Top 5 Sardinia Beaches

Relax on this Beautiful Italian Island

Cala Luna bay, Sardinia, Italy
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The Italian island of Sardinia has more than a thousand miles of stunning Mediterranean shoreline and is known for having some of the best beaches in Italy. While nearly every section of the island can lay claim to some great beaches, some are easier to reach and better equipped for families or first-time visitors. Here are five of our favorite beaches on Sardinia. 

Poetto Beach, Cagliari

If you want atmosphere and activities, Poetto beach, a city beach on the outskirts of Cagliari, hits the spot.

Poetto is popular with locals and tourists alike and is easily reached from the city center by a short bus ride. On weekends and in summer the wide stretch of white sand is packed with sun worshipers in search of anything from a lazy day to extreme water sports like kite surfing.

Poetto beach is separated from the city by a strip of undeveloped land giving it a clean, open feel. Overlooked by its namesake, Torre del Poeta or Poeta tower, it's a great place to while away a sunny day. The beach also has a popular surf spot on the well-exposed beach break with reliable waves driven by an offshore wind from the north and northwest. There are plenty of surfing spots along the 6km long city beach which are perfect for beginners.

At Poetto Beach there are several places to stay. Cagliari, on the southern coast, is Sardinia's largest city and has both an airport and ferry port.

La Bombarde Beach, Alghero

A short bus ride from the city of Alghero brings you to this well-kept local secret.

While tourists squeeze onto Alghero's port-side beach, those in the know head to La Bombarde, where snow-white sand infused with the scent of the surrounding pine forests awaits. The sea at la Bombarde is clear, blue and calm, perfect for swimming. The beach has just the right balance, never over-crowded but still lively, with a number of cafes and restaurants.

Alghero, a city founded by the Doria family of Genoa, is located on Sardinia's northwest coast and is one of the most attractive resort areas in Sardinia. Holidays in Alghero have become more popular in recent years although the city still retains its distinctive Catalan character. 

Piscinas Dunes, near Arbus

The dunes at Piscinas are reached by car, down an old gravel road from Arbus. Along the way, you pass the remains of 19th-century mines before arriving at the uninterrupted five miles of sand. There is an aspect of wildness to the beach and it is home to everything from foxes to sea turtles. The dunes reach up to 50 meters high as the mistral winds constantly move and reshape the landscape, making for an exciting day out.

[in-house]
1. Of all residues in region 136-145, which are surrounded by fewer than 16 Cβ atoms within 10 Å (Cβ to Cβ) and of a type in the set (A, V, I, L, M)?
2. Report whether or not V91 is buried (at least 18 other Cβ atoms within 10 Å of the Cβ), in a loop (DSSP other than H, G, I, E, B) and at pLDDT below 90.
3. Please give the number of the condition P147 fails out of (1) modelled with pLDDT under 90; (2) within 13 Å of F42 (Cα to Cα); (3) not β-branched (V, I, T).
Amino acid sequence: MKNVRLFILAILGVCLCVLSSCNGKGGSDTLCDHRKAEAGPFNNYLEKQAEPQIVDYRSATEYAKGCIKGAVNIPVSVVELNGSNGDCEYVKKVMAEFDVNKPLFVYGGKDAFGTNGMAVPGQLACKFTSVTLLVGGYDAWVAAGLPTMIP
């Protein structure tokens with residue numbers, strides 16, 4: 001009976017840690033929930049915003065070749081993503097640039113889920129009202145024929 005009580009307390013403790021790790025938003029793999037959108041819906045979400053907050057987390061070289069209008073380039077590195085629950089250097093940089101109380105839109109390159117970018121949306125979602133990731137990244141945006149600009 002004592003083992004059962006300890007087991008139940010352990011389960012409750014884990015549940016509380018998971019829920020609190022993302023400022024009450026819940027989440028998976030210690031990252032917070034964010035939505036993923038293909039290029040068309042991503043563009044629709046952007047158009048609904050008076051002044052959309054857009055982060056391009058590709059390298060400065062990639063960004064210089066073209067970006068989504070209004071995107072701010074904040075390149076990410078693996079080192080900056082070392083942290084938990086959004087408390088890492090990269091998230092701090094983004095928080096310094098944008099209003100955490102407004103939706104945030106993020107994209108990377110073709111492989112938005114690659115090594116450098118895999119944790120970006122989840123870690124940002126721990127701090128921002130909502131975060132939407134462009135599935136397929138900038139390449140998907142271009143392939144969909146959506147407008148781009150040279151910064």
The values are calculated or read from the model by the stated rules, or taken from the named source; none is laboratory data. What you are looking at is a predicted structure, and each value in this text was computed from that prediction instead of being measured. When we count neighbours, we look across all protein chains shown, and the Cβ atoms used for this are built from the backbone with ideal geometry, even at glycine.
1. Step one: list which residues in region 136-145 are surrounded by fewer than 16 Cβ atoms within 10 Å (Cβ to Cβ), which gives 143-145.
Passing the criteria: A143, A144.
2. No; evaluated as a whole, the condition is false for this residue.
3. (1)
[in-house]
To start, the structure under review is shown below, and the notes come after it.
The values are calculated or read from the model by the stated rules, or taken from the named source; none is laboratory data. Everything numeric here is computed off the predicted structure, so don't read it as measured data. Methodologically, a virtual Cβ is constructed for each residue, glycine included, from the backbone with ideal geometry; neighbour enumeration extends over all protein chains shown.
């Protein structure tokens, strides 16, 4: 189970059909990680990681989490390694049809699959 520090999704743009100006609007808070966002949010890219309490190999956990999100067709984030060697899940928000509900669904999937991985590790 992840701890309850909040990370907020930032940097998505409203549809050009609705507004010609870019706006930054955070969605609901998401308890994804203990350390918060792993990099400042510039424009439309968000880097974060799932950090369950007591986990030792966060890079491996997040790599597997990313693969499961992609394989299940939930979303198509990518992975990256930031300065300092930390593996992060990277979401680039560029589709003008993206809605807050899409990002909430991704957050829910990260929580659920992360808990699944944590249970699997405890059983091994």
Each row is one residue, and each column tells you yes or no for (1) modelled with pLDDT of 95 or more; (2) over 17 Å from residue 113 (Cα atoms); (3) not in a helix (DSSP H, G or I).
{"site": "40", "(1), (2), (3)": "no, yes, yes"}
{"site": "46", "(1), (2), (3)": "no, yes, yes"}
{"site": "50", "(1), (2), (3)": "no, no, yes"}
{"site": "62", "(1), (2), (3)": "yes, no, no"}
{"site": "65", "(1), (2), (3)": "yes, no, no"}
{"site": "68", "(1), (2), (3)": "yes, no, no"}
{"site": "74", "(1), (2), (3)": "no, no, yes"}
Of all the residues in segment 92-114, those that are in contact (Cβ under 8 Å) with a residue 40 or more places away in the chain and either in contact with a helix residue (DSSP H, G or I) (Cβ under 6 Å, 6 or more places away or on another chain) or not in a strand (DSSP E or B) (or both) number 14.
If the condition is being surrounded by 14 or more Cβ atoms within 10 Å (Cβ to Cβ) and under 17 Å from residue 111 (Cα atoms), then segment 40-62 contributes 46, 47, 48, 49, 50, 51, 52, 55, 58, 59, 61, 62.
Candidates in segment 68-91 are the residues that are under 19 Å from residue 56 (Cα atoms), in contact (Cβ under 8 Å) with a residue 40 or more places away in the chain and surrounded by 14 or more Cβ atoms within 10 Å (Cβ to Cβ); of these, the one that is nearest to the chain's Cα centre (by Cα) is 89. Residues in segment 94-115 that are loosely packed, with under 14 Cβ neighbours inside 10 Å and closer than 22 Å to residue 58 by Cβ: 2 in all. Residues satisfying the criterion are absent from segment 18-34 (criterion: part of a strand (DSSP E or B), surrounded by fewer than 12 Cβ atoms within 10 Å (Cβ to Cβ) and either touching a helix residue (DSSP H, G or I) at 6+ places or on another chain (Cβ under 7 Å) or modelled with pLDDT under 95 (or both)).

Arbus is in the southwestern part of the island, south of the city of Oristano, and the dunes are on the west coast near Marina di Arbus.

Spiaggia Del Principe, Costa Smeralda

The pink granite boulder-strewn coves at Spiaggia del Principe, developed in the 1960s by Prince Karim Aga Khan, are known for the stunning clear blue water that is perfect for snorkeling and fish spotting. The beach is a perfect crescent of fine sand enclosing a blue-green bay. All the beaches in the area are public access so there are no fees.

The Costa Smeralda region, favored by the rich and famous, is located on Sardinia's northeast coast, 30 km north of the port city of Olbia. Costa Smeralda is made up of 80 bays and beaches, most of them are best reached by boat or yacht. Visitors can select from a large range of luxurious 5-star resort hotels around Porto Cervo, such as these luxury hotels listed on Charming Sardinia.

The town of Porto Cervo was created in the 1960s by Prince Aga Khan, who was fascinated by the beauty of this stretch of Gallura and set up the Costa Smeralda Consortium to help enhance and maintain the natural beauty of the area. 

Cala Luna, Cala Gonone

Cala Luna is located near the coastal resort of Cala Gonone, on Sardinia's east coast. Cala Gonone is within close proximity to the town of Dorgali and Gennargentu National Park.

The beach itself, featured in Guy Ritchies' 2002 film Swept Away, is known as Moon Cove due to its crescent-shaped white sand beach and dramatic cliff backdrop. Accessible by boat or on foot, the picturesque beach is sheltered by limestone cliffs, fuchsia, and oleanders.

Getting to the beach is somewhat of a commitment, however, as it requires a strenuous 4km hike on a trail from Cala Fuili. The beach can also be reached by ferry from Cala Gonone during summer. There are several 3- and 4-star hotels in Cala Gonone. Read more about the best beaches on this stretch of Sardinia's Gulf of Orosei

While most beaches on the island of Sardinia offer free access, some have private bathing establishments where you will have to pay to rent a lounge chair and umbrella.